• Mia Schillace Nelson

Glorious Goldenrod


On a sunny weekend in September, I couldn't help but notice the sheer abundance of bright yellow flower clusters at the end of long green plant stems. They filled the ditches along the roadside, grew in stands throughout tall, heady grasses that signal the end of one season, and the beginning of another. I began to wonder why they were showing themselves in such volume, how it came to be that their time is so late in the season. Could there be a compelling need for such splendor? It turns out, there is.


Goldenrod plants (Solidago spp) are a fundamental source of pollen and nectar for insects of all kinds. They help prepare monarch butterflies for their long migration south to overwintering grounds, and are so important to bees that many hives depend upon their abundance to make it through a long, cold winter. In fact, they are among the most important late season pollinator plants.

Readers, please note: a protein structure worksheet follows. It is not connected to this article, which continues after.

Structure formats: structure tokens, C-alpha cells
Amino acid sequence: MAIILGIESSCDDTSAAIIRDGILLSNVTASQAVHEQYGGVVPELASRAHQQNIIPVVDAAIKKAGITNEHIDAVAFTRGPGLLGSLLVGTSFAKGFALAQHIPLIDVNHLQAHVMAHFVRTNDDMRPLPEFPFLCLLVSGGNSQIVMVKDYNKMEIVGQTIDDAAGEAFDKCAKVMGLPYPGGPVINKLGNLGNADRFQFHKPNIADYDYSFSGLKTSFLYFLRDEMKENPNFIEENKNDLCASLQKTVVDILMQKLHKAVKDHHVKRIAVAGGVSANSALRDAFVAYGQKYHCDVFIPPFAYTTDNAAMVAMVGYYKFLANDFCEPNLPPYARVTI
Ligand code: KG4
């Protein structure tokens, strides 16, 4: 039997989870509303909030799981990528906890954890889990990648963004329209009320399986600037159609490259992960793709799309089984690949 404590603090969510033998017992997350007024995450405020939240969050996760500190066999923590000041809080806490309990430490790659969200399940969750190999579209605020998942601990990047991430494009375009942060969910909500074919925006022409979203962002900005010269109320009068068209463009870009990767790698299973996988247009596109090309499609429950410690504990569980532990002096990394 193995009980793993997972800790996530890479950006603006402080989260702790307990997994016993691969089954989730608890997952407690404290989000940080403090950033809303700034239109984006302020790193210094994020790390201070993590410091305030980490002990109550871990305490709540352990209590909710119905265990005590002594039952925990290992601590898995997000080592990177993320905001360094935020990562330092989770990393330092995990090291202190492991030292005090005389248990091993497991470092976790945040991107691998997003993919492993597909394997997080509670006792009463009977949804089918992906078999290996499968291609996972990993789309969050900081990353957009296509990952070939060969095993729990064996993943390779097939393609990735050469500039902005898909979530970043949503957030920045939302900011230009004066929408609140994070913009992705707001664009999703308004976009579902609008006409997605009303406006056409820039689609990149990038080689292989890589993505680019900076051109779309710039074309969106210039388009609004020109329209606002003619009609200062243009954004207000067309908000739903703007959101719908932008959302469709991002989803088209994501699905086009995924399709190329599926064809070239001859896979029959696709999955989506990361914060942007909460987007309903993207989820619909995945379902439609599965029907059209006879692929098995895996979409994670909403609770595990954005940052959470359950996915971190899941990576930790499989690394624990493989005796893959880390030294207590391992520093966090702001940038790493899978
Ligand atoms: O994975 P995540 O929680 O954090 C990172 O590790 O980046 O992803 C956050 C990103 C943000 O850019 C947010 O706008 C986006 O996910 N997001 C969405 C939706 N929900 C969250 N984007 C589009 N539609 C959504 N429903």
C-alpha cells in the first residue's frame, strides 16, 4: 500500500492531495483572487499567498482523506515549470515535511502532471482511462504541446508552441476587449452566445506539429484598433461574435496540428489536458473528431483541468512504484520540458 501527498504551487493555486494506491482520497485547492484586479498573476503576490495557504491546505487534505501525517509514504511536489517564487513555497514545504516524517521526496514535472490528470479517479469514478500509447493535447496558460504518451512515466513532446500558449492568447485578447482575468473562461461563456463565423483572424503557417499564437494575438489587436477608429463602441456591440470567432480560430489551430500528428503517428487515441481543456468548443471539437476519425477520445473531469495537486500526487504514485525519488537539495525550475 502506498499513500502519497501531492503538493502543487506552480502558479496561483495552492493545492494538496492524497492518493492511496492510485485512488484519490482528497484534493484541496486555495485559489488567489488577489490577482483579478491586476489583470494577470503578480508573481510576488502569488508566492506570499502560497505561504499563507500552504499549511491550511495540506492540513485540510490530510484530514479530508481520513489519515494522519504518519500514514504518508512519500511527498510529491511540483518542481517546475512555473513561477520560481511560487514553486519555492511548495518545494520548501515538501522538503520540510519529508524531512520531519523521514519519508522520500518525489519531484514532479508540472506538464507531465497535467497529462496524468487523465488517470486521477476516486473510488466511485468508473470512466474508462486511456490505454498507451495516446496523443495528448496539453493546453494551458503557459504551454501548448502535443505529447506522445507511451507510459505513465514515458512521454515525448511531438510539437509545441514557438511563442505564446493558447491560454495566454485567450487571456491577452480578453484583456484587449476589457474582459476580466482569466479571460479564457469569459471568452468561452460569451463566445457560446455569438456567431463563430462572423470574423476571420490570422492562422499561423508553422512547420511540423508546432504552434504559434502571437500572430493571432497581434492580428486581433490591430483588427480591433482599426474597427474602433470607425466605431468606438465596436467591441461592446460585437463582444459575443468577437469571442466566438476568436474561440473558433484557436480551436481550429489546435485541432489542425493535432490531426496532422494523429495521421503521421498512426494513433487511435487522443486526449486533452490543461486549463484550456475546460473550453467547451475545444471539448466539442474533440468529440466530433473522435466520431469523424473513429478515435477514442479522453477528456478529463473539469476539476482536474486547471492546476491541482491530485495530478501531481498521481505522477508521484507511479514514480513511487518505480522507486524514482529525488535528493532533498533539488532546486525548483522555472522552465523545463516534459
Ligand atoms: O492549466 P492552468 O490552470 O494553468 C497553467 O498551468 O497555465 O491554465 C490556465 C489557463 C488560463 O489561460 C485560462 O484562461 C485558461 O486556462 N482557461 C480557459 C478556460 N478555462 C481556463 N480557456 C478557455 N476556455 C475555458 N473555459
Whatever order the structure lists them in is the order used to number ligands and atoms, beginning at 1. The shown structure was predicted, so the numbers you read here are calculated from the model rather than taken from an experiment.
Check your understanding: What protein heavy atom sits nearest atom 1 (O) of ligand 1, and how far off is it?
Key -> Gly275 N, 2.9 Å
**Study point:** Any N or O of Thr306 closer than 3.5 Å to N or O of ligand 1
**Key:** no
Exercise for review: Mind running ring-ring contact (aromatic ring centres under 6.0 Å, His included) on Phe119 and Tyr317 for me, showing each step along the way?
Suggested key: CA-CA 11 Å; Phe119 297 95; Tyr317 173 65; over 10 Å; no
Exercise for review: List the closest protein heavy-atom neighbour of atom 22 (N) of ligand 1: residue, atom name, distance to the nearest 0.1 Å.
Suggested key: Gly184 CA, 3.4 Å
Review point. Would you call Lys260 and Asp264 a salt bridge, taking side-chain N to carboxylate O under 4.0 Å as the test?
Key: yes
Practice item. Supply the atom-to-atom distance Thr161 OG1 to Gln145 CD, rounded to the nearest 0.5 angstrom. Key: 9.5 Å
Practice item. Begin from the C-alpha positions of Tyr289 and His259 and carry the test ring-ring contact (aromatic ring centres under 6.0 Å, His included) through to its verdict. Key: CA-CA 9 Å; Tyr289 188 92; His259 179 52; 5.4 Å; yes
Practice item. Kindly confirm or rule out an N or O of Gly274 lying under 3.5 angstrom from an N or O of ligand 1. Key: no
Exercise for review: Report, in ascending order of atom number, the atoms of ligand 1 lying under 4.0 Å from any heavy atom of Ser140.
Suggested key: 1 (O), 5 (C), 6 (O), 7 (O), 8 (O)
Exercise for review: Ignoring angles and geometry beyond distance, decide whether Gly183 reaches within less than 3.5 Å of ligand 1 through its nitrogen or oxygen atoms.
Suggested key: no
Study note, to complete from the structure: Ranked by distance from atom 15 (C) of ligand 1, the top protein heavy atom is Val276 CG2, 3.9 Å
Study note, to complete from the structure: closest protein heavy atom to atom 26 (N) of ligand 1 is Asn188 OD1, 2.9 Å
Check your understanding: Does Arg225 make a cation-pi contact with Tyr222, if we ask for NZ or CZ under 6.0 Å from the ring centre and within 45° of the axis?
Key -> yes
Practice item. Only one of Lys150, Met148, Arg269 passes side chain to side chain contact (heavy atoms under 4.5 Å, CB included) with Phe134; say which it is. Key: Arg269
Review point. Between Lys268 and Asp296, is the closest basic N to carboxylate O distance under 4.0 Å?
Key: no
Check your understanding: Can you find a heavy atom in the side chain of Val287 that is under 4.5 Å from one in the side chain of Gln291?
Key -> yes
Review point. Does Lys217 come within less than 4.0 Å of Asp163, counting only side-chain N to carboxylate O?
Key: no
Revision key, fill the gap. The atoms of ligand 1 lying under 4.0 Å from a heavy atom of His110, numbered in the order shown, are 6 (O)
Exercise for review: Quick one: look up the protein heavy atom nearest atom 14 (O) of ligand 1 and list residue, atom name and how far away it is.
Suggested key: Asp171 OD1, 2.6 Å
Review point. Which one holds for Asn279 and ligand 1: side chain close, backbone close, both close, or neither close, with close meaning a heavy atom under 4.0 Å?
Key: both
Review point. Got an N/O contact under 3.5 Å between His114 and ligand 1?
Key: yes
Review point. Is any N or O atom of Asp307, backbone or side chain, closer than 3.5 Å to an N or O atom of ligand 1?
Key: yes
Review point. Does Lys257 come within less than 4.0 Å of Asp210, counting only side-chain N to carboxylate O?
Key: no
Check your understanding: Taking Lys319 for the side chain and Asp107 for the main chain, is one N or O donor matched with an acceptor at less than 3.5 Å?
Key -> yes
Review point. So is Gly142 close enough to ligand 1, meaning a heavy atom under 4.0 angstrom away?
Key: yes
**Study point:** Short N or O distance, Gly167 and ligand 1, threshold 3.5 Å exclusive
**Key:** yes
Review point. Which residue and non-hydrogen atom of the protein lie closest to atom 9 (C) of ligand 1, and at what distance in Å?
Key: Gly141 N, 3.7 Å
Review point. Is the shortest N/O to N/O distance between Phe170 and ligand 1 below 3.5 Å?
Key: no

Humans appreciate goldenrod too. Its herbal healing powers can help relieve skin irritation, fight infections, and even lower blood pressure. It is also interesting to note that goldenrod is not a source of late summer allergies, contrary to what is commonly believed. That distinction belongs to plants in the ragweed family. And while the two groups of plants may seem similar, a closer look will reveal that they are in fact quite different. Keep your eye out for those bright, yellow clusters of flowers covered in your favorite pollinator friends to identify the glorious goldenrod plants. Ragweed is pollinated by the wind, and has nothing to offer them as they prepare for their winter journeys.


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